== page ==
Pok Fu Lam district councillor Paul Zimmerman says he was "sickened" by the recent deaths of two children in a fire that could have been avoided if the authorities had taken the proper safety measures.
Elliot Watkiss, eight, and his brother Frankie, seven, died in their home in Wing Hing Wai, Yuen Long, in October after a fire broke out while they were asleep. The boys' father Simon Watkiss last week told the Sunday Morning Post that his sons' lives would have been saved if emergency vehicles had had proper access to the family's village home.
Watkiss, 52, said the lack of emergency vehicle access (EVA) to their home meant that neither a fire engine nor an ambulance could get to his house because the walls of their neighbours' houses encroached into the road.
It took about 20 minutes for firefighters to reach the boys by breaking down the front door and fighting their way up two storeys through the blaze, by which time the children had suffocated.
Zimmerman said that as chief executive of the non-profit organisation Designing Hong Kong, he regularly wrote to the Director of Lands, the Ombudsman and Town Planning Board, predicting that death was only a matter of time under the New Territories' small-house policy.
"I expected [the first deaths] to be from fights among adults [over land], not the death of two young boys in a fire. As the father of a young daughter and two sons, Simon's story has been sickening to read about," said Zimmerman. "The biggest problem is that the villages lack layout plans, standard roads and parking facilities."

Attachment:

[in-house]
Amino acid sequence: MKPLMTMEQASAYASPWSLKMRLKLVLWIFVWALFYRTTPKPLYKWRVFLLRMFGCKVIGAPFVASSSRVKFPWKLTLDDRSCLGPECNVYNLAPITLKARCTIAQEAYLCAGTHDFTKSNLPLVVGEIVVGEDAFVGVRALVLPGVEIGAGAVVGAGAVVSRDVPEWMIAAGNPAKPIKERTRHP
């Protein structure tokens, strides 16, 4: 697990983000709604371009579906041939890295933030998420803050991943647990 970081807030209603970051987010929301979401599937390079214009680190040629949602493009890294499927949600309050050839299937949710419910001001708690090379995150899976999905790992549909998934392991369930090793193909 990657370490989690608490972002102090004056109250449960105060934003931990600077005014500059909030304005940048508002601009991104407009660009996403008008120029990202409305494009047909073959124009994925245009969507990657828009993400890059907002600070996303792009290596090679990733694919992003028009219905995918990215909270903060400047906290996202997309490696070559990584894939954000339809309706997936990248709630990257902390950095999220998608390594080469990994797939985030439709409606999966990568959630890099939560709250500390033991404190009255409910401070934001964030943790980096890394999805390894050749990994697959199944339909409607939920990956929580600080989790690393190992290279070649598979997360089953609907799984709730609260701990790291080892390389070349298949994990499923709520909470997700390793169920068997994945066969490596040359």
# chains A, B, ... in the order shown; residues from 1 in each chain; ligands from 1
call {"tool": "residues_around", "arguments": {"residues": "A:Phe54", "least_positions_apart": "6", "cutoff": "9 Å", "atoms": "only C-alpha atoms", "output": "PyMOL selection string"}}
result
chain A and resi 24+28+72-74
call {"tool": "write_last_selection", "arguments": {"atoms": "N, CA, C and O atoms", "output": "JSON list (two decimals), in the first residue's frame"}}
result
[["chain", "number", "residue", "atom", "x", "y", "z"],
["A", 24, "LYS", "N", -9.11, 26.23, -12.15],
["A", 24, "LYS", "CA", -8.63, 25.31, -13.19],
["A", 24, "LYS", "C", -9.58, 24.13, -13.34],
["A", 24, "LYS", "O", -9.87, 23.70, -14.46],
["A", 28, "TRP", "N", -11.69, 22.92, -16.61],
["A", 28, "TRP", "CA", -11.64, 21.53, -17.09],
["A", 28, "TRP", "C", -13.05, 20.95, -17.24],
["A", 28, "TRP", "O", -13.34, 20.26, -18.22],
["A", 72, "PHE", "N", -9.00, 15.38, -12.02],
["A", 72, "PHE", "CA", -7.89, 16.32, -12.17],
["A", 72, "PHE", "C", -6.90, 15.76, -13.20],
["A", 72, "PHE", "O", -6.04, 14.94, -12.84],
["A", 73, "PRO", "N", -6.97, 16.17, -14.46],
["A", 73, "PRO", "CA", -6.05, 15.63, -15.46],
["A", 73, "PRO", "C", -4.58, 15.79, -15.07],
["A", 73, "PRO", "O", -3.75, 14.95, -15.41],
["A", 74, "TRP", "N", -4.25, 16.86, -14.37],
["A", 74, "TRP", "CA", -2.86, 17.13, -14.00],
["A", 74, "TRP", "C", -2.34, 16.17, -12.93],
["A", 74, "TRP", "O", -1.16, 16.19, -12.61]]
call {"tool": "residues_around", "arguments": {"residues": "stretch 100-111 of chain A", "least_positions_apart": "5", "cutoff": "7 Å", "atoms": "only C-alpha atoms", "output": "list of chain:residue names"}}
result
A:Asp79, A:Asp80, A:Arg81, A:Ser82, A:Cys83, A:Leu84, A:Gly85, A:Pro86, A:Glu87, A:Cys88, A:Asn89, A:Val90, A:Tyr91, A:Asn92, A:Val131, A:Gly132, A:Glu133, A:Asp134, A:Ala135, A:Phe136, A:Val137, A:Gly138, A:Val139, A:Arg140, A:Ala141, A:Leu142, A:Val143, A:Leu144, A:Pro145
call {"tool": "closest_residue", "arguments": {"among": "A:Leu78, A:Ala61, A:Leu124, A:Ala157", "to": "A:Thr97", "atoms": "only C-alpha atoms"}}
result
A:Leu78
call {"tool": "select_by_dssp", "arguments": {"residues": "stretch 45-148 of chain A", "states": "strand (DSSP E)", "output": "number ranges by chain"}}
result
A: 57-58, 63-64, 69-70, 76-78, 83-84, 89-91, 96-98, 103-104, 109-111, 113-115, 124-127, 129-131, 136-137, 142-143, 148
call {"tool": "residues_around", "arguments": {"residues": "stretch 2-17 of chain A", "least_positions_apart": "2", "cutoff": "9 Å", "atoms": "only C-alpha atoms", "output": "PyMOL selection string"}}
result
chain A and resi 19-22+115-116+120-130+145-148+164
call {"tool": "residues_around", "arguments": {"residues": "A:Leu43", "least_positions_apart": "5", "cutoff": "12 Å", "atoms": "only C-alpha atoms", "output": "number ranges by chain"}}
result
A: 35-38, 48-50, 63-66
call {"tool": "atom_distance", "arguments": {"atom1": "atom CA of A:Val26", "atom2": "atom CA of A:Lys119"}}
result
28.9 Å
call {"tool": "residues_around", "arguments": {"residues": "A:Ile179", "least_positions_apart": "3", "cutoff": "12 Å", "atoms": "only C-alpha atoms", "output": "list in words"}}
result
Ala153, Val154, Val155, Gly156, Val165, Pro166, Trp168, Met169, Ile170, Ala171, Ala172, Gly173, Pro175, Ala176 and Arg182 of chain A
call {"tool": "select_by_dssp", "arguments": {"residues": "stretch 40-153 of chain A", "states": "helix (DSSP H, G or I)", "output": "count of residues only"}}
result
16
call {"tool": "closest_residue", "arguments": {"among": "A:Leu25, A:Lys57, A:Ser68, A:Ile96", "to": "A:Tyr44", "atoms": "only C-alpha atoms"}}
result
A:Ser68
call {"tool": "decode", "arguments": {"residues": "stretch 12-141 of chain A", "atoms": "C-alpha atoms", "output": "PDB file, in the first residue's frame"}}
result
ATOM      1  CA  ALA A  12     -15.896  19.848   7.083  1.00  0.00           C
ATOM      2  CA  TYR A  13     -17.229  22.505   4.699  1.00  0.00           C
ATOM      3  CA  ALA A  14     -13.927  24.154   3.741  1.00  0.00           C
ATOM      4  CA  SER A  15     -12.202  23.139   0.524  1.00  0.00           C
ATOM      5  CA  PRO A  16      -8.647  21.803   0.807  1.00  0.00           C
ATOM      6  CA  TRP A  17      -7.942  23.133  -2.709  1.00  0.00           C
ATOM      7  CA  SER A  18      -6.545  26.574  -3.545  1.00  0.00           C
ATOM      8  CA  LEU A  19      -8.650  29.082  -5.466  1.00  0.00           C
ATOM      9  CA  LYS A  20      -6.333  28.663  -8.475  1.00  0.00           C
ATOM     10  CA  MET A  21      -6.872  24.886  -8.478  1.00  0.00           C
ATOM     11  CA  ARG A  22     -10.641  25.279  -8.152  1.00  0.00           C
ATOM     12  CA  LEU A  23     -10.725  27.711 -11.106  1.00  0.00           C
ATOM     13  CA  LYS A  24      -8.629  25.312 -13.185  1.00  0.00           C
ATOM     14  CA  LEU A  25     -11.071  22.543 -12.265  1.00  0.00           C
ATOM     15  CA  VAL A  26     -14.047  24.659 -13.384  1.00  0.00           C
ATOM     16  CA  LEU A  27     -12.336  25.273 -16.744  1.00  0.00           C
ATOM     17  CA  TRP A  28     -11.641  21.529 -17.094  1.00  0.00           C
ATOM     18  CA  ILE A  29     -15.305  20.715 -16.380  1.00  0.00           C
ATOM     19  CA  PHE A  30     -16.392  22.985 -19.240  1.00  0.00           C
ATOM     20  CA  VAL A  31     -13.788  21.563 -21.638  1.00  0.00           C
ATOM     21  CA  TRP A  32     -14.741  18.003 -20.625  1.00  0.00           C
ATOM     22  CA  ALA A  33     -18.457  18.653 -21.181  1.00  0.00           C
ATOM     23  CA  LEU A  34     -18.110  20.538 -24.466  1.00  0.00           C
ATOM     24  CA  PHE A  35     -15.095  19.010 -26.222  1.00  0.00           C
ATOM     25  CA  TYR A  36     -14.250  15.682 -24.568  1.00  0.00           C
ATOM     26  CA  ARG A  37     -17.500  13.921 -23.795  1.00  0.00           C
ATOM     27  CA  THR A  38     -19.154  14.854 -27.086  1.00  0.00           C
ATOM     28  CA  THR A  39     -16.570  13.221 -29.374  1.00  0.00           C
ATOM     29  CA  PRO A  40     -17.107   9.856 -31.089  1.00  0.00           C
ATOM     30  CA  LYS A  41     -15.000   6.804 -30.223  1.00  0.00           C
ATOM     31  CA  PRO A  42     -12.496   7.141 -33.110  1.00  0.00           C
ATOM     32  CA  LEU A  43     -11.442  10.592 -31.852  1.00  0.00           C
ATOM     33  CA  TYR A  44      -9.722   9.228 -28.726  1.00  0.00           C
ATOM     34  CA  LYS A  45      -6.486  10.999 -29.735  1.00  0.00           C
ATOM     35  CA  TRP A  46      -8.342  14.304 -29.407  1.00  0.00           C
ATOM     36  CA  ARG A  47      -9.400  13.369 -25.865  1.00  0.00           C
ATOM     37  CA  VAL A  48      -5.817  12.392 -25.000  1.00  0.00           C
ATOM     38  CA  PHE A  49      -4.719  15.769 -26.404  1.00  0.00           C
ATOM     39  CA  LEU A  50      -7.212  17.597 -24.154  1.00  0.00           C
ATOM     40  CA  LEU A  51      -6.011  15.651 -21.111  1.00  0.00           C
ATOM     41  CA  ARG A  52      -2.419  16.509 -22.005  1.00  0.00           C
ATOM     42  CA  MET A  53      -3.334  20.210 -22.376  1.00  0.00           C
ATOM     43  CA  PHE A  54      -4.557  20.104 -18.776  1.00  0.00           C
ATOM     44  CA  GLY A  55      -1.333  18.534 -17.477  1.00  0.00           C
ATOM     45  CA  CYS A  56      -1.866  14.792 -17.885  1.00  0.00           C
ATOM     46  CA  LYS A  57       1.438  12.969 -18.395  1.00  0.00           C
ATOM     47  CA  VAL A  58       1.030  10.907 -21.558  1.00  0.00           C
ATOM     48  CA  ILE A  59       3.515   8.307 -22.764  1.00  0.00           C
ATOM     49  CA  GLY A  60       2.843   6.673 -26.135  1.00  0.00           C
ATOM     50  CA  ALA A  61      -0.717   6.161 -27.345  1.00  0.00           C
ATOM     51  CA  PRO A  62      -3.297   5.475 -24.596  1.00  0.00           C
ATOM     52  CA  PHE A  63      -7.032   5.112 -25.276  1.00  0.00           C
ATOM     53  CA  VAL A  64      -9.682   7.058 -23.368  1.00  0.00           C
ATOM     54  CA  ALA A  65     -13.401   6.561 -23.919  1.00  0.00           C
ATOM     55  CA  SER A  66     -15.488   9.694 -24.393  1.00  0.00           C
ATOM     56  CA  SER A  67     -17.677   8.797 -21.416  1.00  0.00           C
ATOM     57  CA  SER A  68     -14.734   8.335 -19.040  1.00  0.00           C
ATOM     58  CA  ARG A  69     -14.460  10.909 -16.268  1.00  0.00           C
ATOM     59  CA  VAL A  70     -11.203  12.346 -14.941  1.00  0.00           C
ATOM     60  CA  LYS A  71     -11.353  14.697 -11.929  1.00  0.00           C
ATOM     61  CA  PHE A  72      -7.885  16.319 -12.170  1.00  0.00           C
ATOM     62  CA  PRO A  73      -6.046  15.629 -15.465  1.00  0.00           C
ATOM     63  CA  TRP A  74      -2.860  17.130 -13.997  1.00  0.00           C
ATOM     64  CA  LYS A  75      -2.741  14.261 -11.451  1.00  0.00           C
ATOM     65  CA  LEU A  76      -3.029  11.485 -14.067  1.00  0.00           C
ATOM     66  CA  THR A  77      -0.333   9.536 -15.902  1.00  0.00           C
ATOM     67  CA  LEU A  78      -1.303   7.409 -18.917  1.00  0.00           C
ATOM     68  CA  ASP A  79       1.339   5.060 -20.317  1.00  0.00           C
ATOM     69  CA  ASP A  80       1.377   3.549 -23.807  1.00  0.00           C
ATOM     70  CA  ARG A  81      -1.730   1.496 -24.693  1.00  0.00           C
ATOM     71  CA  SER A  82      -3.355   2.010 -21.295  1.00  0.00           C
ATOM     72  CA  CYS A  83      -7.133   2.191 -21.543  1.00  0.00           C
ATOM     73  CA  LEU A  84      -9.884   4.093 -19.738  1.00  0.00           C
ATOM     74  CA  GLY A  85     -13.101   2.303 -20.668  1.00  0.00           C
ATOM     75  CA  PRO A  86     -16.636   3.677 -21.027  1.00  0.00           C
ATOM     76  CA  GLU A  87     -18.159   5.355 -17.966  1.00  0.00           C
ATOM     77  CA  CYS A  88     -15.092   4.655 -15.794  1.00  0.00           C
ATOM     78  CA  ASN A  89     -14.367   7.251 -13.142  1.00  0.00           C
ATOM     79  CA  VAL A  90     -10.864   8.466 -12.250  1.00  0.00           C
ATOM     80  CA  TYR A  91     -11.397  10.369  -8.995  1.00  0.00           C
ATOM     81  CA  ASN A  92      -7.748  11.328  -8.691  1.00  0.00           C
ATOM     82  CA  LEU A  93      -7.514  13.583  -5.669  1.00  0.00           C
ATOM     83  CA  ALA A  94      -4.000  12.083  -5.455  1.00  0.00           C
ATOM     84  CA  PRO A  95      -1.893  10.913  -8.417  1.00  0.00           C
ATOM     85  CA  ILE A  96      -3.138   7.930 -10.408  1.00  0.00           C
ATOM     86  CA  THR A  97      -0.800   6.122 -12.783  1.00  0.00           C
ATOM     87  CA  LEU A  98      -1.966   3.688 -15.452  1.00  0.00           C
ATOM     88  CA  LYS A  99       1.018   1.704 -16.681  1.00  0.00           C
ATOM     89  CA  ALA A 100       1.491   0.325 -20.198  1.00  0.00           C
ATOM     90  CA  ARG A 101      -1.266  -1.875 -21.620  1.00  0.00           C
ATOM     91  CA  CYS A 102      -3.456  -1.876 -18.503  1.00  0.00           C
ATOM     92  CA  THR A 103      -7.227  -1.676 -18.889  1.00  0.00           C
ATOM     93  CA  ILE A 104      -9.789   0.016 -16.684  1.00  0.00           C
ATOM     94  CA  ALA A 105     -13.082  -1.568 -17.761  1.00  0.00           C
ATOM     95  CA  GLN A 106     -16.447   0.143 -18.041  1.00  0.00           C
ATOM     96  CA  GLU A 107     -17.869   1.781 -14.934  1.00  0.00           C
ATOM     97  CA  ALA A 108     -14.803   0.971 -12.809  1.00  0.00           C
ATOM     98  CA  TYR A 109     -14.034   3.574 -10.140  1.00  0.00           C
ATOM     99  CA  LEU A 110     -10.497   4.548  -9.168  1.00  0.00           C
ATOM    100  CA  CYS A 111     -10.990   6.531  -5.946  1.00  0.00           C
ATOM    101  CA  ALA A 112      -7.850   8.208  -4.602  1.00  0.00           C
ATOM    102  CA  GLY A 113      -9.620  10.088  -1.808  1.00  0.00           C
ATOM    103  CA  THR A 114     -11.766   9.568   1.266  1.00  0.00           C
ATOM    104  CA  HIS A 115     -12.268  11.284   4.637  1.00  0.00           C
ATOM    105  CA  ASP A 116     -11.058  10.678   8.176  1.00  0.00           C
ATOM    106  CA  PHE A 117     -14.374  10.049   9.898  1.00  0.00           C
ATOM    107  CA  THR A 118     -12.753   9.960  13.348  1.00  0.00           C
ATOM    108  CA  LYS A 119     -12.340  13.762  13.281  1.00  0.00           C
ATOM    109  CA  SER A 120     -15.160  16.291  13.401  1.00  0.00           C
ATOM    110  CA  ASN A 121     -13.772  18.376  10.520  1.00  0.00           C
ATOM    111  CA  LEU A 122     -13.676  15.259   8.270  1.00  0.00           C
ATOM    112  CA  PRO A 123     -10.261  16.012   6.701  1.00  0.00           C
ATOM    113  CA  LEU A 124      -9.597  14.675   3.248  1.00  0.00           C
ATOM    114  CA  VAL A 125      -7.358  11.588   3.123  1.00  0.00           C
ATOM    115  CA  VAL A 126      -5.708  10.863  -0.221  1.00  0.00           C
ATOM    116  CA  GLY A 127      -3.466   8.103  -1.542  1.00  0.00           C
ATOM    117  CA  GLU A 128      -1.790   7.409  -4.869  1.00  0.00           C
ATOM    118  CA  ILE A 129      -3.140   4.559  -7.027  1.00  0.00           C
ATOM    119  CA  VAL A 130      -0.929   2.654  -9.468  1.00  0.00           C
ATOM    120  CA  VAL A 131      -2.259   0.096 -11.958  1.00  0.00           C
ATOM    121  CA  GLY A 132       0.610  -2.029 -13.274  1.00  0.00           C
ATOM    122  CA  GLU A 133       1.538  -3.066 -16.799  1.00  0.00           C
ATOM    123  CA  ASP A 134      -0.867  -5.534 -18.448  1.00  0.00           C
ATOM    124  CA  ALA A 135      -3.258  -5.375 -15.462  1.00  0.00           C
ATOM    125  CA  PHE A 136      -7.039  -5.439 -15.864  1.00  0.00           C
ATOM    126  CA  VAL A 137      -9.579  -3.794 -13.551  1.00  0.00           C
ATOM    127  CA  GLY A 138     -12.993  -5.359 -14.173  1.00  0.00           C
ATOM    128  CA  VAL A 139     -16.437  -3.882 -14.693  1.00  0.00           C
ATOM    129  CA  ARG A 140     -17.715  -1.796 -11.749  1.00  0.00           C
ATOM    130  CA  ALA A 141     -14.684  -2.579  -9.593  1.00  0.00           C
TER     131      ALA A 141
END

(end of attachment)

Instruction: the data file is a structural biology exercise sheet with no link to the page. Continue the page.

And the situation has recently been aggravated as Heung Yee Kuk, the powerful rural body that represents villagers, successfully negotiated for a reduction of the EVA requirement to maximise the number of village houses that can be built on the remaining available land.
"They argued that an 80-storey building in town didn't need an EVA so why don't we just fit sprinkler systems into these village houses too," Zimmerman said. "But it's obvious from this tragic case that you still need a fire engine that can get right up to the house to save lives. You don't solve this with a sprinkler when the kids could have been gotten out of the room by getting a ladder to their window."
Zimmerman said that rather than to report illegal structures to the police, village residents kept silent to protect their property and family. "The public does not hear about this until there are fatalities," he said.